The proposed new government will establish an independent Commission on the Defence Forces looking at arrangements for the effective defence of the country at land and sea.

The commission will consider a number of areas including allowances and composition of the force as well as recruitment and retention. It will also look at the role of the Reserve Defence Forces. It will be established by the end of the year and report within 12 months.

A pledge is also made to develop a new Institute for Peace Support and Leadership Training in the Curragh.

The new government commits to holding a referendum on extending the franchise at presidential elections to Irish citizens living outside the State.

It will also publish a new diaspora policy in 2020. The document also aims to develop a new strategy to increase the presence of Irish people in the senior ranks of the EU institutions.

The draft document references the Occupied Territories Bill but the only specific pledge is to honour commitment to recognise the State of Palestine as part of a lasting settlement of the conflict “or in advance of that, when we believe doing so will progress efforts to reach a two-state solution or protect Palestinian territories.

A new government would continue to oppose any annexation or plans to oppose any annexation or plans to apply Israeli sovereignty over territory in the West Bank, which is part of the occupied territories but re-asserts policy commitment to a two-state solution.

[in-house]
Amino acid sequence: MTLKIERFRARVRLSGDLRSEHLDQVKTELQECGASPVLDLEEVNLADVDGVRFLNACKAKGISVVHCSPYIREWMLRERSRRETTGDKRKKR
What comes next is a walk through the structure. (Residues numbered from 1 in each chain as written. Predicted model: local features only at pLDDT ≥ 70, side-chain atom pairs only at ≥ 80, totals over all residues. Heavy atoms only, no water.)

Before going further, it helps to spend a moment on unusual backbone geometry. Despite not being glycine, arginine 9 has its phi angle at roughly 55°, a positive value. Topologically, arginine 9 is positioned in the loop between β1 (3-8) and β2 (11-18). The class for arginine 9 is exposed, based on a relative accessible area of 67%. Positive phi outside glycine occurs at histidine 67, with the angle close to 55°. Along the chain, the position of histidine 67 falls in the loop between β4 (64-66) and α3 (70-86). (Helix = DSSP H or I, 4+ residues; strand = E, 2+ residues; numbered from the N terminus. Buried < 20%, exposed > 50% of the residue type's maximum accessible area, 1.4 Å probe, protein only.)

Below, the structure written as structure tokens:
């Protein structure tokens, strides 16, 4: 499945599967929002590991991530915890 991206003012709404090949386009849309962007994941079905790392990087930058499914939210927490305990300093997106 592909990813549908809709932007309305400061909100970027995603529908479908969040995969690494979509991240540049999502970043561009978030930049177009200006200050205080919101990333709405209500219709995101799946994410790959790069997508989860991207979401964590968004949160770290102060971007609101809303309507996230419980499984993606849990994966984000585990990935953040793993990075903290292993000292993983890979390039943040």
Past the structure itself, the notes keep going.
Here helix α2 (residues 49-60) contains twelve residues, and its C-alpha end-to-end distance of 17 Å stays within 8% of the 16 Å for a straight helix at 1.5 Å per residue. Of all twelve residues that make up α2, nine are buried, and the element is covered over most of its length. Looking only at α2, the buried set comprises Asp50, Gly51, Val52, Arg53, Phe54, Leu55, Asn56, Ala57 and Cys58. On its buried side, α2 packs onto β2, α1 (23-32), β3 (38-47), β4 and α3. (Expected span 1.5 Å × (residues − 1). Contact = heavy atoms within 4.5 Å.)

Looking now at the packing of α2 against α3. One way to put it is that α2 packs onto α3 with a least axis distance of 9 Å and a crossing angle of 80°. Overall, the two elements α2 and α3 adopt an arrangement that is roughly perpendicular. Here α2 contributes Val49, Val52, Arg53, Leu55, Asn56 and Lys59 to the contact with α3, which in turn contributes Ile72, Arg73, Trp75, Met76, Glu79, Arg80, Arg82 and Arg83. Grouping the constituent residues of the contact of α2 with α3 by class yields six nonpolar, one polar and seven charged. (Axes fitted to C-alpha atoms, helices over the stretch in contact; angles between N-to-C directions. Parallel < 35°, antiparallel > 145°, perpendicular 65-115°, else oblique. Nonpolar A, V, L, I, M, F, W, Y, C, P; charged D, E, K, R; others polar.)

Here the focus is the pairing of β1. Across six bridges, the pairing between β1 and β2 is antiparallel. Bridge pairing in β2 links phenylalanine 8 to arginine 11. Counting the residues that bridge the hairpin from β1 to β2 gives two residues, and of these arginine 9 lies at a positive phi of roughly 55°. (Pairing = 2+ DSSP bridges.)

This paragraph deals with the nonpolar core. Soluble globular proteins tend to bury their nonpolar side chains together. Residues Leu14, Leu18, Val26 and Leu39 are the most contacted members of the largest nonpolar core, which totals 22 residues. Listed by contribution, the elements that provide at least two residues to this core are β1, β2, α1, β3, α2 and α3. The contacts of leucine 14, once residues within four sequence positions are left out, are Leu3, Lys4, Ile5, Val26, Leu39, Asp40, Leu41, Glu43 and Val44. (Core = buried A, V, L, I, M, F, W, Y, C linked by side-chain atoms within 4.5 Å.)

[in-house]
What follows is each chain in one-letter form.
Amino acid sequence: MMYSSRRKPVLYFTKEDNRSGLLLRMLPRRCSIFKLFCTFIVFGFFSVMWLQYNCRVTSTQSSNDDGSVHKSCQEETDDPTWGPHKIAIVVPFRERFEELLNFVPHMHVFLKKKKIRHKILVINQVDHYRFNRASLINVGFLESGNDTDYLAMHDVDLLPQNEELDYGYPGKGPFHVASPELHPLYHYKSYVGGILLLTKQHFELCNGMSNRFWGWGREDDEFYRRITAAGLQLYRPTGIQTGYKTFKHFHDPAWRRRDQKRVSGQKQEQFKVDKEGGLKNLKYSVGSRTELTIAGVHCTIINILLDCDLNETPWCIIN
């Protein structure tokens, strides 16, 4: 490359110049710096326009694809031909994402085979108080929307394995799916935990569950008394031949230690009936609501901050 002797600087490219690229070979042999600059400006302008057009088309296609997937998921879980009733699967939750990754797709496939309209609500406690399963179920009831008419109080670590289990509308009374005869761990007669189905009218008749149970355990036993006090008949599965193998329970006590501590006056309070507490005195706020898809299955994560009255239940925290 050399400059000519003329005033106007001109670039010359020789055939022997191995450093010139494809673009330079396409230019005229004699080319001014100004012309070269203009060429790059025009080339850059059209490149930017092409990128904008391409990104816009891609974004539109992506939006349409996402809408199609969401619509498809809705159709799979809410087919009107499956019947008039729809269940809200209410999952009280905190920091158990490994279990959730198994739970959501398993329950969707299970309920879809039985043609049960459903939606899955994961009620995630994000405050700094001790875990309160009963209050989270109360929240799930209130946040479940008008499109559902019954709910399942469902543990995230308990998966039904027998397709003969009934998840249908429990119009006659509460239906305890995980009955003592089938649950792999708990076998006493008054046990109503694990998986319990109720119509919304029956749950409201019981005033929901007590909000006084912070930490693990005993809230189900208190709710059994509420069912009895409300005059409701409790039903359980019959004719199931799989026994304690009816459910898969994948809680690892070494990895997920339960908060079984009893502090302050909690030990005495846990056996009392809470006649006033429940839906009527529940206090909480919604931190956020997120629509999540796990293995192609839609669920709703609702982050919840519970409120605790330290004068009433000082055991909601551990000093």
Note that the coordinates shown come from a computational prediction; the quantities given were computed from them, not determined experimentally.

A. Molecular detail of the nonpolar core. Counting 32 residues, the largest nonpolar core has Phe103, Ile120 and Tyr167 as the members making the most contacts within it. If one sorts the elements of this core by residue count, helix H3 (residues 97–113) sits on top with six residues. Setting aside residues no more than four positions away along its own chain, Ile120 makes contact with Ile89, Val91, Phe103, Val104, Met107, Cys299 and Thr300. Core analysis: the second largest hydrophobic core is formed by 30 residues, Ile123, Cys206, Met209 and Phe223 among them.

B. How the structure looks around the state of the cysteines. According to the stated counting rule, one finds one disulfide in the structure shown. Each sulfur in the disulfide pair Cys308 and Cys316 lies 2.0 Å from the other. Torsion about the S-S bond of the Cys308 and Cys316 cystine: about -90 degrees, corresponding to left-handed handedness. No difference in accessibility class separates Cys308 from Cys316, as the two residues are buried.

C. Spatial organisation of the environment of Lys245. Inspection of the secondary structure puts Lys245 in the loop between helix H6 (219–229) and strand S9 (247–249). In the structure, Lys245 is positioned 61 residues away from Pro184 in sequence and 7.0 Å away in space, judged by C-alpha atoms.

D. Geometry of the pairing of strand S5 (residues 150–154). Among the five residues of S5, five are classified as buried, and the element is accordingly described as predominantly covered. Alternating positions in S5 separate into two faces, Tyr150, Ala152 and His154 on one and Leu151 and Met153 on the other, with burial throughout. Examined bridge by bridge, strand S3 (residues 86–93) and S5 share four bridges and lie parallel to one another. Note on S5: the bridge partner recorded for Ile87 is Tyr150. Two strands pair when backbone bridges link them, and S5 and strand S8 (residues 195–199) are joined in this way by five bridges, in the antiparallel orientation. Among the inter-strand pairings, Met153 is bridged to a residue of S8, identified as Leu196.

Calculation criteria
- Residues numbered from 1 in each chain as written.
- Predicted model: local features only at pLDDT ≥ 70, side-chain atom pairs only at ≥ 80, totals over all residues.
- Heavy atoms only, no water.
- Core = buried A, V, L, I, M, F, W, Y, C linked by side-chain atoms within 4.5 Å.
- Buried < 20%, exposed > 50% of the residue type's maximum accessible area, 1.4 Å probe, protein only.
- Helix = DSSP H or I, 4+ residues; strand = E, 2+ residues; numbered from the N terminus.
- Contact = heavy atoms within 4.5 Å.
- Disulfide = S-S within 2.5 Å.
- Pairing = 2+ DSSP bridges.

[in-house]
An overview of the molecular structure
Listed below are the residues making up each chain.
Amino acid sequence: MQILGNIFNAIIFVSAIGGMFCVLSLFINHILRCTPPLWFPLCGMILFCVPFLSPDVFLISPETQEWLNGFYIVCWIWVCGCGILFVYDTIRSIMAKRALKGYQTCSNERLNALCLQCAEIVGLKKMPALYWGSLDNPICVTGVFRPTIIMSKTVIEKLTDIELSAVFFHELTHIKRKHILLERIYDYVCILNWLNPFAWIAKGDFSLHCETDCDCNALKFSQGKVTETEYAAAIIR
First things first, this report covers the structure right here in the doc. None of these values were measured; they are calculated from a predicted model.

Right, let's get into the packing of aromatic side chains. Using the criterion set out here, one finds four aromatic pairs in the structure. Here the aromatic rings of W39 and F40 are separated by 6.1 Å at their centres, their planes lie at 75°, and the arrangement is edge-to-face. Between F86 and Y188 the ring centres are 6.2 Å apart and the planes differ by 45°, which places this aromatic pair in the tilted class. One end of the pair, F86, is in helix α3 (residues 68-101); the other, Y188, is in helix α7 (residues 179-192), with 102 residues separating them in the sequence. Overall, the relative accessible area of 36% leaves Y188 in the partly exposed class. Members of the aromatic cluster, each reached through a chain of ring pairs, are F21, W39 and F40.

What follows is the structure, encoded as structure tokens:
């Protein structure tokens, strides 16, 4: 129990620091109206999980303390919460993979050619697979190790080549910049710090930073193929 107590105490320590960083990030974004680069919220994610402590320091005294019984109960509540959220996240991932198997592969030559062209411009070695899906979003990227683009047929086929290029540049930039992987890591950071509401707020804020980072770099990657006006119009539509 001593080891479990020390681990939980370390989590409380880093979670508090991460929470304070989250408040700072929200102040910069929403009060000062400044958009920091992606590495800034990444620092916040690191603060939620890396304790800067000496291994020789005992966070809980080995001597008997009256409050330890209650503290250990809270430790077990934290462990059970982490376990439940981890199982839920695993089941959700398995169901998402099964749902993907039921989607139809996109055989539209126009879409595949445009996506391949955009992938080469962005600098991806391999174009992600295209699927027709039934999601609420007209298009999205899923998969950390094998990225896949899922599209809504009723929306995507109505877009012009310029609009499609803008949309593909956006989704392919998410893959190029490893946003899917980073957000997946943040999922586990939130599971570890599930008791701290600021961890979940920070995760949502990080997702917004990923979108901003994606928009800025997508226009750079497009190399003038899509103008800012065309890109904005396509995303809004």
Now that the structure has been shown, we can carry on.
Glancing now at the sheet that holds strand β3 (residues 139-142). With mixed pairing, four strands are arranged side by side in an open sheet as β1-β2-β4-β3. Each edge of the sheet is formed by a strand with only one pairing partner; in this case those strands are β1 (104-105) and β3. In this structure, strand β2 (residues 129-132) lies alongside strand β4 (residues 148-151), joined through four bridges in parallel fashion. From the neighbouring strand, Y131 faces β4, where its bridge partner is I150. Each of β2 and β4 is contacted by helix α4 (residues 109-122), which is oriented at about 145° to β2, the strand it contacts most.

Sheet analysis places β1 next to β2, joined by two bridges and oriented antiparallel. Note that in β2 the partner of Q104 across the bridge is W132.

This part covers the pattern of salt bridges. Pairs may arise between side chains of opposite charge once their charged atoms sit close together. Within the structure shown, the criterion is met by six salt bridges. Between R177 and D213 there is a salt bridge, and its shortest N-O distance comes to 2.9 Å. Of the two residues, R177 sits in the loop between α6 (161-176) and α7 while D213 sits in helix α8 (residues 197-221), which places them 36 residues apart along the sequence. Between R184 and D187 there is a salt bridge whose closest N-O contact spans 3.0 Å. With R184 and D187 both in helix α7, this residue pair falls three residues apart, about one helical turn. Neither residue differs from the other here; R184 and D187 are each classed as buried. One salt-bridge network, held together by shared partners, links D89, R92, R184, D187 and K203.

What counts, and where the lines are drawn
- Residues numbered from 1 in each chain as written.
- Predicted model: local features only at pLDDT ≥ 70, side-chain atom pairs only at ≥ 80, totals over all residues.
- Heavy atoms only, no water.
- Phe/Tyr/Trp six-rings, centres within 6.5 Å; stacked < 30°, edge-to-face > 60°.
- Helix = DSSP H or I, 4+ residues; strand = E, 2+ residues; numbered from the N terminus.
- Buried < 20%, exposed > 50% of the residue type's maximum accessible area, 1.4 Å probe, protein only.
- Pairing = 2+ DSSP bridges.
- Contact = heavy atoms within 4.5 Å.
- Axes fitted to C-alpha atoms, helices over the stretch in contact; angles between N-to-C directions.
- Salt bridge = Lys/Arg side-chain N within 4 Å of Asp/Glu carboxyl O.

Ireland will reach its 50th anniversary during the lifetime of the proposed government. On EU issues the document expresses “clear support for free trade while insisting on high environmental and labour standards and fair trading practices”.

Government policy will remain pro-enlargement and support the Western Balkan countries in particular to progress along the accession path.

The Government will develop the ‘Ireland House’ model, bringing all State agencies and government departments based abroad together under one roof to encourage joined-up thinking.

It aims to reach UN overseas aid donation target of 0.7 per cent of Gross National Income by 2030.

It will work to restore the Single Market’s integrity, learning lessons from the response to Covid-19 and ensure Ireland’s position on trade deals is “strongly informed by the need to ensure that all international trade deals support the aims of the Paris Climate Agreement”.